Mumbai: India’s fifth largest IT vendor by revenue, HCL Technologies Ltd, has secured a licence to locally manufacture defence systems and is targeting offset orders from foreign vendors such as Boeing Co. and Lockheed Martin Corp. for arms deals they strike with the Indian military.
India’s defence offset policy mandates that foreign contractors source components and systems from local vendors for at least 30% of the value of orders of more than Rs300 crore being sold to the armed forces.
Indian companies are expected to get offset orders from global military equipment makers of nearly Rs40,000 crore up to 2011, according to the ministry of defence.
Customers abroad: Lockheed Martin Corp.’s F-35 jet. Indian firms are expected to get offset orders from global military equipment makers of nearly Rs40,000 crore up to 2011. Mike Fuentes / Bloomberg
The biggest of such orders will come from local sourcing in a purchase of 126 fighter aircraft, estimated to cost Rs42,000 crore. India is also the third largest arms importer in the world.
“HCL has plans for defence production, especially for offsets. It is currently engaged in discussions with customers on the products,” said Ramesh Pillai, HCL’s US practice head for aerospace, in an email interview.
HCL joins larger rival Wipro Ltd and firms such as Larsen and Toubro Ltd, the Tata group, Mahindra and Mahindra Ltd, Max Aerospace and Aviation Ltd and Ramoss India, to secure defence licences since India opened arms manufacturing to private firms.
Airbus SAS and Boeing, both customers of HCL, are in in talks for offset orders for the 111 passenger planes they together sold to National Aviation Co. of India Ltd or Nacil, that runs Air India.
HCL declined to comment about customers.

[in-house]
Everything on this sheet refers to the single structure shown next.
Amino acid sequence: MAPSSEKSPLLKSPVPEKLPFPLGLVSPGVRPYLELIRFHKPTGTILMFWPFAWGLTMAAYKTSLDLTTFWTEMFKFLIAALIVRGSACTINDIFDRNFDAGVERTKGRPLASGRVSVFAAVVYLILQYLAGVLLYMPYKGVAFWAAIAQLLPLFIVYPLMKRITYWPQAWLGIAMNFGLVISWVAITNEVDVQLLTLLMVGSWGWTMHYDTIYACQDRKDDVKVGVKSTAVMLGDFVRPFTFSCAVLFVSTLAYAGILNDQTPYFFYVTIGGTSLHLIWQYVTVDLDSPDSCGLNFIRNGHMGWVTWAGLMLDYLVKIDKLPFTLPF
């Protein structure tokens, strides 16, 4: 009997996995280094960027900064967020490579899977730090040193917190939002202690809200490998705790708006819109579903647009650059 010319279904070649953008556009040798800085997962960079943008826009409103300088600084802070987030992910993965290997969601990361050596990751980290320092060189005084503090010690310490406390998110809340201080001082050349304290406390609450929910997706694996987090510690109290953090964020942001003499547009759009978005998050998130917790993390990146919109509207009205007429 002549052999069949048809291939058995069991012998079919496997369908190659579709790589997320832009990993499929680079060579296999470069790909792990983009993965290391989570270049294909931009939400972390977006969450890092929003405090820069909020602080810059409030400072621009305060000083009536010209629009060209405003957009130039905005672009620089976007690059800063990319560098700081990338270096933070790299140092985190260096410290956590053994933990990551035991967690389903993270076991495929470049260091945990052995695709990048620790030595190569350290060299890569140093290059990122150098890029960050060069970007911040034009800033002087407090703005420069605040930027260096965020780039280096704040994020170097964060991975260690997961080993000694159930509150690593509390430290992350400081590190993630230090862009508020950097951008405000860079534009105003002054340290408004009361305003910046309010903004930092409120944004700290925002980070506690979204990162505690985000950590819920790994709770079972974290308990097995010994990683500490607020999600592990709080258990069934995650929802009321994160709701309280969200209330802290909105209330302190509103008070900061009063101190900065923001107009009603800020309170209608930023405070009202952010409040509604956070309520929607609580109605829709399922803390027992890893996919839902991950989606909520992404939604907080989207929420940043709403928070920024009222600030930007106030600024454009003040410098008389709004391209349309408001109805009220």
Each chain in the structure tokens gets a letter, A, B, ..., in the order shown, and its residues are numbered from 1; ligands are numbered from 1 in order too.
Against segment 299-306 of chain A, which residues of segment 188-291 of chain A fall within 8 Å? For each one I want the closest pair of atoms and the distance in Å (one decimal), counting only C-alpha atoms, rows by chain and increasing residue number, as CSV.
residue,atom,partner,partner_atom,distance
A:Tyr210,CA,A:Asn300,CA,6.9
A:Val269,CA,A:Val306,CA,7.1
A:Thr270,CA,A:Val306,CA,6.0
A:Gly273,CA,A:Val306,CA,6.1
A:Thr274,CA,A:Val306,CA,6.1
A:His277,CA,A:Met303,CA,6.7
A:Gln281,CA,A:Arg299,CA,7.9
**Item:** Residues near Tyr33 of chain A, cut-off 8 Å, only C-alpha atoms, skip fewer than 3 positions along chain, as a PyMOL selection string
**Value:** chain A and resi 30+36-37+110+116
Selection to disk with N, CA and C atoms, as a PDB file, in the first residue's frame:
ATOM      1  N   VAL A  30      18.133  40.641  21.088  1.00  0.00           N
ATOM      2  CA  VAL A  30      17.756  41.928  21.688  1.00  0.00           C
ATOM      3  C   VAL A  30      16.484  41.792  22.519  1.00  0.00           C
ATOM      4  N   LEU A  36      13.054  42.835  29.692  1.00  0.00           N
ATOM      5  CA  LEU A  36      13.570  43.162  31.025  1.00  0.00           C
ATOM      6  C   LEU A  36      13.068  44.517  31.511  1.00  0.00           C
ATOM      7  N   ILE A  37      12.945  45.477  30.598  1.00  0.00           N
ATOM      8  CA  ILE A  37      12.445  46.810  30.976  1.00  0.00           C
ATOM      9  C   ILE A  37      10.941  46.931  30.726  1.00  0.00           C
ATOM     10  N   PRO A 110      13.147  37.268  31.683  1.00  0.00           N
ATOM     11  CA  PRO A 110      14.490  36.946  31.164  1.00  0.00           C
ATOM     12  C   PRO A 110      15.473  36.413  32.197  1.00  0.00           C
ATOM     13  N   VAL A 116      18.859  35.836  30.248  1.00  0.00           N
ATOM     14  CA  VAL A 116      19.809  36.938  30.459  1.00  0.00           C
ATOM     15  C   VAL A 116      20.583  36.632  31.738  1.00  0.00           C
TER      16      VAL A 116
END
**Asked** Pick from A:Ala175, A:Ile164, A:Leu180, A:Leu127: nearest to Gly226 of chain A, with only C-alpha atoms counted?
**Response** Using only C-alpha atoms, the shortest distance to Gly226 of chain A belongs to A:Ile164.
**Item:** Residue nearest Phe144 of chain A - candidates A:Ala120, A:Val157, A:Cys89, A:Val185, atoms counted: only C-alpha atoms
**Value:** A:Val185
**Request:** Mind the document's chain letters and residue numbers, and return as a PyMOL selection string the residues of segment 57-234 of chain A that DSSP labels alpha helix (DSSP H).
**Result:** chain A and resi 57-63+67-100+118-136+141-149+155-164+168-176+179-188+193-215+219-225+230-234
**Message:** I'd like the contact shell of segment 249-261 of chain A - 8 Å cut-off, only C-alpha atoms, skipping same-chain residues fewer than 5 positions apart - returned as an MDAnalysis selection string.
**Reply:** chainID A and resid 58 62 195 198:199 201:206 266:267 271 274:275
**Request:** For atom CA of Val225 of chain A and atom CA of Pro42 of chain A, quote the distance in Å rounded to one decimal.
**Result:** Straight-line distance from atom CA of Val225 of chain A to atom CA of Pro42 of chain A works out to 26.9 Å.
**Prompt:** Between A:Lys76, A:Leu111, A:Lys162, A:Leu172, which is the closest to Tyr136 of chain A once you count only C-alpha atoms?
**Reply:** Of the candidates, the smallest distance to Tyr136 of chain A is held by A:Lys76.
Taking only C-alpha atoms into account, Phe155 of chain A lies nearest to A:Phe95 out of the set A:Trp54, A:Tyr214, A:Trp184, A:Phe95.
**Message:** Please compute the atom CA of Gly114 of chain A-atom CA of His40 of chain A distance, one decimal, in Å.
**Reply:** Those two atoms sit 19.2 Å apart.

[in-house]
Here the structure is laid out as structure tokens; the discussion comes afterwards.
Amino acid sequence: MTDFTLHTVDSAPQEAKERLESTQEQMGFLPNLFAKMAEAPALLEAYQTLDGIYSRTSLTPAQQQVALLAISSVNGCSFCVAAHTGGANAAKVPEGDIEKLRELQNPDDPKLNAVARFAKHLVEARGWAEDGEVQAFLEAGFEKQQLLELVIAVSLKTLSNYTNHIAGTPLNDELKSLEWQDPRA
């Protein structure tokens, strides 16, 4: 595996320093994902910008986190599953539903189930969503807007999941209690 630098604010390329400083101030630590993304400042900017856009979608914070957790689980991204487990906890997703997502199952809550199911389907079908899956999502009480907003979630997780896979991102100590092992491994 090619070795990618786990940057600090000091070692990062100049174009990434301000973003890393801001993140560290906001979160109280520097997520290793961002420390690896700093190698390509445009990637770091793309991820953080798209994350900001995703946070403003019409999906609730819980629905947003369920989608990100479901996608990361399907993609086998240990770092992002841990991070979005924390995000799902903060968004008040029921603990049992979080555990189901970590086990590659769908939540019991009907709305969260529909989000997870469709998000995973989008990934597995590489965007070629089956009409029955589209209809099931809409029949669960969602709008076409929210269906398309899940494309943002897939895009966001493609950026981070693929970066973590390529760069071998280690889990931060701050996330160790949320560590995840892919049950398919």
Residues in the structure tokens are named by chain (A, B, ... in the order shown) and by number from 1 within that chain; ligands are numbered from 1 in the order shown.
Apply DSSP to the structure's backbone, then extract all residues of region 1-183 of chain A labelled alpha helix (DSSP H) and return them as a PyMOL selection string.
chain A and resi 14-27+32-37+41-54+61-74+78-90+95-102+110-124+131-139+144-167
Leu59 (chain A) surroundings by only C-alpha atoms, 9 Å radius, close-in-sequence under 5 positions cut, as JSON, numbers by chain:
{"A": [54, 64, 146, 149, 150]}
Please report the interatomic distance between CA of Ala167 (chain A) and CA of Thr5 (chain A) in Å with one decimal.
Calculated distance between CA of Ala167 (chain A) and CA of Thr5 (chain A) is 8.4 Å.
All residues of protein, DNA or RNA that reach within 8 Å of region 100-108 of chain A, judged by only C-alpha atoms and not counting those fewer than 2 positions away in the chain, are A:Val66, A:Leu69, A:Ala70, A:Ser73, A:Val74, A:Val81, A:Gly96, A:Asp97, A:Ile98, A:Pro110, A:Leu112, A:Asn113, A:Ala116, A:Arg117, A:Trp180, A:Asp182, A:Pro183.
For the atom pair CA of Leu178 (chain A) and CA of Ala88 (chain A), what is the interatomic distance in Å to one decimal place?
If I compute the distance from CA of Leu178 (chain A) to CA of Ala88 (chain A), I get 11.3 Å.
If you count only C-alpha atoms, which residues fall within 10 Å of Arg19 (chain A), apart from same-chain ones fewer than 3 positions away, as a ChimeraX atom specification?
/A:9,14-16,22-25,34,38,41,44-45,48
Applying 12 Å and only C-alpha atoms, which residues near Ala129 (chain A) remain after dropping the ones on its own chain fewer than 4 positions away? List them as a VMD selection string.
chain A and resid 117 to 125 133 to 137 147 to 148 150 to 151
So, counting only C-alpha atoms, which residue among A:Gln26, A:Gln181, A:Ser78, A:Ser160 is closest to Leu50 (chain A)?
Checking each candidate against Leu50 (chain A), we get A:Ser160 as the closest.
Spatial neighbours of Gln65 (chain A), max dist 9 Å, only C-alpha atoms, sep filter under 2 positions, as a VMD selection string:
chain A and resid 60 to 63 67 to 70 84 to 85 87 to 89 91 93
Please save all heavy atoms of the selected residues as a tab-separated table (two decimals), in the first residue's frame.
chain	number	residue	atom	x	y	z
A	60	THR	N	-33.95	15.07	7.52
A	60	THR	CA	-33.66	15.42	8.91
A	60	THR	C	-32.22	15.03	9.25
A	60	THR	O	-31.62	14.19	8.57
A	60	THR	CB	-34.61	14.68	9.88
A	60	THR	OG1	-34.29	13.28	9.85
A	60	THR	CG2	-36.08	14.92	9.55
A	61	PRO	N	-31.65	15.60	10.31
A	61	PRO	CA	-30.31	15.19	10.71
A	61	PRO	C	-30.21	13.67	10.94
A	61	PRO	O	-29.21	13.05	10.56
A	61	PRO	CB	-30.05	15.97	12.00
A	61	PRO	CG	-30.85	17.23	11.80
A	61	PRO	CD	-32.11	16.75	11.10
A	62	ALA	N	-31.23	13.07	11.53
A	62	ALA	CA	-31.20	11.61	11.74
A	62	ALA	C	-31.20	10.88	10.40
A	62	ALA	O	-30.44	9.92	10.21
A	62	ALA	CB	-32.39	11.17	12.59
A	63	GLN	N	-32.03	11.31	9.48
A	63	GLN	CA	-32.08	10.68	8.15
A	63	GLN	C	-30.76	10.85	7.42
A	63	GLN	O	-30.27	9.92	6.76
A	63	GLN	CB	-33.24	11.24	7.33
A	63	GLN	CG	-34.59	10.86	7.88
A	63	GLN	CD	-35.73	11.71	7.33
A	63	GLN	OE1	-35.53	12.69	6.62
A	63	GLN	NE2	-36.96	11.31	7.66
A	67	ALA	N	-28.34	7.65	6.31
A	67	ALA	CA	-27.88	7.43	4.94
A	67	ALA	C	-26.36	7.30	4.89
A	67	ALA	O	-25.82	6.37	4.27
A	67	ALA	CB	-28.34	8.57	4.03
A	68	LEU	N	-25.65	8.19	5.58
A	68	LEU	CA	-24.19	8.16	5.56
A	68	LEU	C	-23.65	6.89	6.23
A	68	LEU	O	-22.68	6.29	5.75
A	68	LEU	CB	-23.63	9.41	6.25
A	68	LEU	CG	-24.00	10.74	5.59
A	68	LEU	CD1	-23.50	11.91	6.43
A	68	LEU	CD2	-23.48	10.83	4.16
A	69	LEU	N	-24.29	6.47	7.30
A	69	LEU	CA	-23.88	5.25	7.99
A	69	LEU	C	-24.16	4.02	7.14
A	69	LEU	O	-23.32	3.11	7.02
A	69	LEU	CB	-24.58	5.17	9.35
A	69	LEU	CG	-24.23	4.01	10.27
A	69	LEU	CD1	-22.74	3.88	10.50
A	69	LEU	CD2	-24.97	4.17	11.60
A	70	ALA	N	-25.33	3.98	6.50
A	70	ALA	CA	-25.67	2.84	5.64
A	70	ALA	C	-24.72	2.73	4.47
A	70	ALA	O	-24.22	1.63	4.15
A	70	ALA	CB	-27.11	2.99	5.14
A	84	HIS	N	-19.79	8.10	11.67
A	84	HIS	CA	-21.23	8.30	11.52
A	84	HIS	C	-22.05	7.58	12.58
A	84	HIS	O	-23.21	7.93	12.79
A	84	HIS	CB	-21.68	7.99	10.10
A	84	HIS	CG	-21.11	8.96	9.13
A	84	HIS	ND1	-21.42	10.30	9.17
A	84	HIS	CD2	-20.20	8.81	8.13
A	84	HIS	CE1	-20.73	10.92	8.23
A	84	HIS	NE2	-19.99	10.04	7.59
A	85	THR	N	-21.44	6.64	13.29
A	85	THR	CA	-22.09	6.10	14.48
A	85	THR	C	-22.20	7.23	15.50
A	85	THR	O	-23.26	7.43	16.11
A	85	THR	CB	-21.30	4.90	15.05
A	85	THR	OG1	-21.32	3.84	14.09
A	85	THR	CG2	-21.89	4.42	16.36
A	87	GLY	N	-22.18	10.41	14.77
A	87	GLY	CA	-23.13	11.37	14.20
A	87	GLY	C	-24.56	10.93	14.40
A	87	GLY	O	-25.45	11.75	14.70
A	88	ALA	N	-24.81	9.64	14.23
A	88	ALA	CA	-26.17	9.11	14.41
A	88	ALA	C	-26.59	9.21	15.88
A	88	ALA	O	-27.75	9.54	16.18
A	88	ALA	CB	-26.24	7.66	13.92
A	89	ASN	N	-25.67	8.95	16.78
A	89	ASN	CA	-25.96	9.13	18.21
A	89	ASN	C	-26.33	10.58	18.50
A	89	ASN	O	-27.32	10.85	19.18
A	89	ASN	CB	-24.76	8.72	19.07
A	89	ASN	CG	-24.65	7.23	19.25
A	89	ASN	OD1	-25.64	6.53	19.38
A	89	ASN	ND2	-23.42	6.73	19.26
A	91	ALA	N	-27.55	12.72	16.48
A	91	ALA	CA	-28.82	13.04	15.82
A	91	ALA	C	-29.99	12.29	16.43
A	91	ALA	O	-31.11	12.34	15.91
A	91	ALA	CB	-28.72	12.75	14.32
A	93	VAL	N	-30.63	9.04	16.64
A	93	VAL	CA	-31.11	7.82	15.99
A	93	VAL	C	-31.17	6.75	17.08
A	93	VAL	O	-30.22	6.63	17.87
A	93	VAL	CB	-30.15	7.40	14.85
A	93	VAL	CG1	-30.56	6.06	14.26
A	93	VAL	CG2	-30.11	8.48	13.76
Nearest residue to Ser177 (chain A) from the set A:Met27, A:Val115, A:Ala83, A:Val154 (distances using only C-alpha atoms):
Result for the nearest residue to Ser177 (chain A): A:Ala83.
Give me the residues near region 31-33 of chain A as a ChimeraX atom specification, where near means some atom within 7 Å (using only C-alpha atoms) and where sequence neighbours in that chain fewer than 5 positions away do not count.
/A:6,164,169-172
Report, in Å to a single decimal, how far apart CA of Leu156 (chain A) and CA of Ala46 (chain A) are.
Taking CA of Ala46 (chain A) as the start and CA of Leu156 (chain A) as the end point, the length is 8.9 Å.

The firm plans to focus on aero structures, hydraulic and landing gear systems in manufacturing, and has expertise in avionics and flight control systems.
In October, HCL had announced a strategic partnership with Circor Aerospace Inc., that is into design, development and manufacture of fluid controls, landing gear and actuation systems for aerospace and defence applications.
HCL will provide product research and development, information technology and engineering services to Circor worldwide as well as through a team based out of HCL’s delivery centre in North Carolina.
Last month, the European Aeronautic Defence and Space Co., the parent of Airbus, said it plans to source at least €4 billion (about Rs24,600 crore) worth of aerospace components and systems as well as software from India in the next 10 years. This would be partly driven by potential offset contracts on planes and fighter jets sold to India’s Armed Forces.
“We have six state-of-the-art manufacturing facilities in India... Our infrastructure offers scope for after-sales repair and maintenance service,” Pillai said. “HCL is partnering major defence companies in fulfilling their offset obligations. HCL has tied up with the major defence suppliers for discharging offsets.”